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Ant-Man and The Wasp Director Peyton Reed Is Excited to Bring a “Complicated” Female Hero to Life

It’s about damn time.


We were pretty disappointed that Evangeline Lilly’s Hope Van Dyne was needlessly sidelined in Ant-Man in favor of making another movie about a male superhero. Despite our dismay over the Captain Marvel movie’s repeated delays, we’re glad to see the Wasp finally get to do her thing—and get acknowledged in the sequel’s title—and so is director Peyton Reed.

In an interview with Yahoo News, Reed mentioned the regrettable pushback (again) of Captain Marvel to make room for the Ant-Man sequel and said that was part of the reason he wanted Wasp to make her way into the title. You know, aside from the fact that she totally deserves to be mentioned in the title of her own movie, so this conceit is already kind of a consolation prize.

But Reed is legitimately excited about Wasp finally spreading her wings—literally and figuratively— as he told Yahoo about her role in the sequel,

It just happened to be organic for the characters of Ant-Man and Wasp, [so] it worked. Her last line in the movie—”It’s about damn time”—[is] very much about her specific character and arc in that movie, but it is absolutely about a larger thing. It’s about damn time: We’re going to have a fully realized, very very complicated hero in the next movie who happens to be a woman.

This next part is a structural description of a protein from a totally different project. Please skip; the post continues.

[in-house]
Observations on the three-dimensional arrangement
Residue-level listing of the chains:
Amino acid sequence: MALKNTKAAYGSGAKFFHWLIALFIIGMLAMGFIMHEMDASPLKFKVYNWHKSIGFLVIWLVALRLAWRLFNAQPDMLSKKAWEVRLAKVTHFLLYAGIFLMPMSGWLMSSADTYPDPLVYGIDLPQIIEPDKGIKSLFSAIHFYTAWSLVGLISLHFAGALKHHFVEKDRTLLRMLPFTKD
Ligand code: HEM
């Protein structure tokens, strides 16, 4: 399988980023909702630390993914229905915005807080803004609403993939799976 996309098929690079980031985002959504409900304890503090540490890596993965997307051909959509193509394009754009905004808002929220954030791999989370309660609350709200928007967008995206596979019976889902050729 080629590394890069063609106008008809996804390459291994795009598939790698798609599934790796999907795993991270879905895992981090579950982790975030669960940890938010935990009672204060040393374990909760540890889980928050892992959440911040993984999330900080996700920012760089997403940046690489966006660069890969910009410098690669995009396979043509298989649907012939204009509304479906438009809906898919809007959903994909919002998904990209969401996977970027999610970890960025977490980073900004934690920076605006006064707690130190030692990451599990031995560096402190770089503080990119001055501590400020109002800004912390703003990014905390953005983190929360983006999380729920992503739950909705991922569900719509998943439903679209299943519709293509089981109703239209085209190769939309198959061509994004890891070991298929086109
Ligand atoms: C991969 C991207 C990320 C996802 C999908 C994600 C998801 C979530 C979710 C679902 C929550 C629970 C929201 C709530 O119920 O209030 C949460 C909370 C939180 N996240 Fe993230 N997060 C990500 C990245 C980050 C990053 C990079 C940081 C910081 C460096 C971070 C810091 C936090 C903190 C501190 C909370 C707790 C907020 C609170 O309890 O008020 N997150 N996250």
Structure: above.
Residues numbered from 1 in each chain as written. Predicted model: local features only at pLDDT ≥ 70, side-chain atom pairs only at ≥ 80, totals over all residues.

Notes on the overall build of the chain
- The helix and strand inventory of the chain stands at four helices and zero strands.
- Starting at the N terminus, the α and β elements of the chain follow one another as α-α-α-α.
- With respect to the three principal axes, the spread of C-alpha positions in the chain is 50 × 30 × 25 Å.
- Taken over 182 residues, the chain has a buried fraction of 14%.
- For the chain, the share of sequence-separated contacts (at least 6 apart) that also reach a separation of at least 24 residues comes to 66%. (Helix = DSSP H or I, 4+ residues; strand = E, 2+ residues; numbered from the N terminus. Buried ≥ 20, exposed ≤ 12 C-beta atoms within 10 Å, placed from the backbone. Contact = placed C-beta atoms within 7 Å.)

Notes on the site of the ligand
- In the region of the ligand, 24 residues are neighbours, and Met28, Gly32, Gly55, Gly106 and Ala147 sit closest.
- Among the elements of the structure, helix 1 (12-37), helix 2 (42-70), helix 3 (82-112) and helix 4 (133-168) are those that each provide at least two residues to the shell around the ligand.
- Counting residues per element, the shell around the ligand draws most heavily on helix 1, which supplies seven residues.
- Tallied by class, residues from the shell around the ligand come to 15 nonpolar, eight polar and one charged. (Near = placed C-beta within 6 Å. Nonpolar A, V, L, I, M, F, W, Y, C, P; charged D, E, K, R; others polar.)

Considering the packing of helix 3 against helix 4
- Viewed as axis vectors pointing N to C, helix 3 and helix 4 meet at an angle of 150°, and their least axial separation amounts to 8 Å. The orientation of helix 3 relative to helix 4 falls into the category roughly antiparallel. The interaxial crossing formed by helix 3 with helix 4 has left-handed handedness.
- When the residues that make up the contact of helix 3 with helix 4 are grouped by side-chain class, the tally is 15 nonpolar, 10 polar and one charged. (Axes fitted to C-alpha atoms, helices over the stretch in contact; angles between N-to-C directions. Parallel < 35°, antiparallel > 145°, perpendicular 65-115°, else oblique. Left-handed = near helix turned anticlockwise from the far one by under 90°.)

That’s great to hear, because a frequent source of confusion over the desire for “strong female characters” is in thinking it means literally strong, both physically and in being overwhelmingly positive in attitude and portrayal, instead of thinking that the writing of the character should be “strong,” meaning complex and nuanced instead of one-dimensional. If that’s what Reed is planning to bring to the first female hero to (co) headline a Marvel movie, sign us up.

(via Geek Tyrant, image via Marvel Entertainment)

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Dan Van Winkle (he) is an editor and manager who has been working in digital media since 2013, first at now-defunct Geekosystem (RIP), and then at The Mary Sue starting in 2014, specializing in gaming, science, and technology. Outside of his professional experience, he has been active in video game modding and development as a hobby for many years. He lives in North Carolina with Lisa Brown (his wife) and Liz Lemon (their dog), both of whom are the best, and you will regret challenging him at Smash Bros.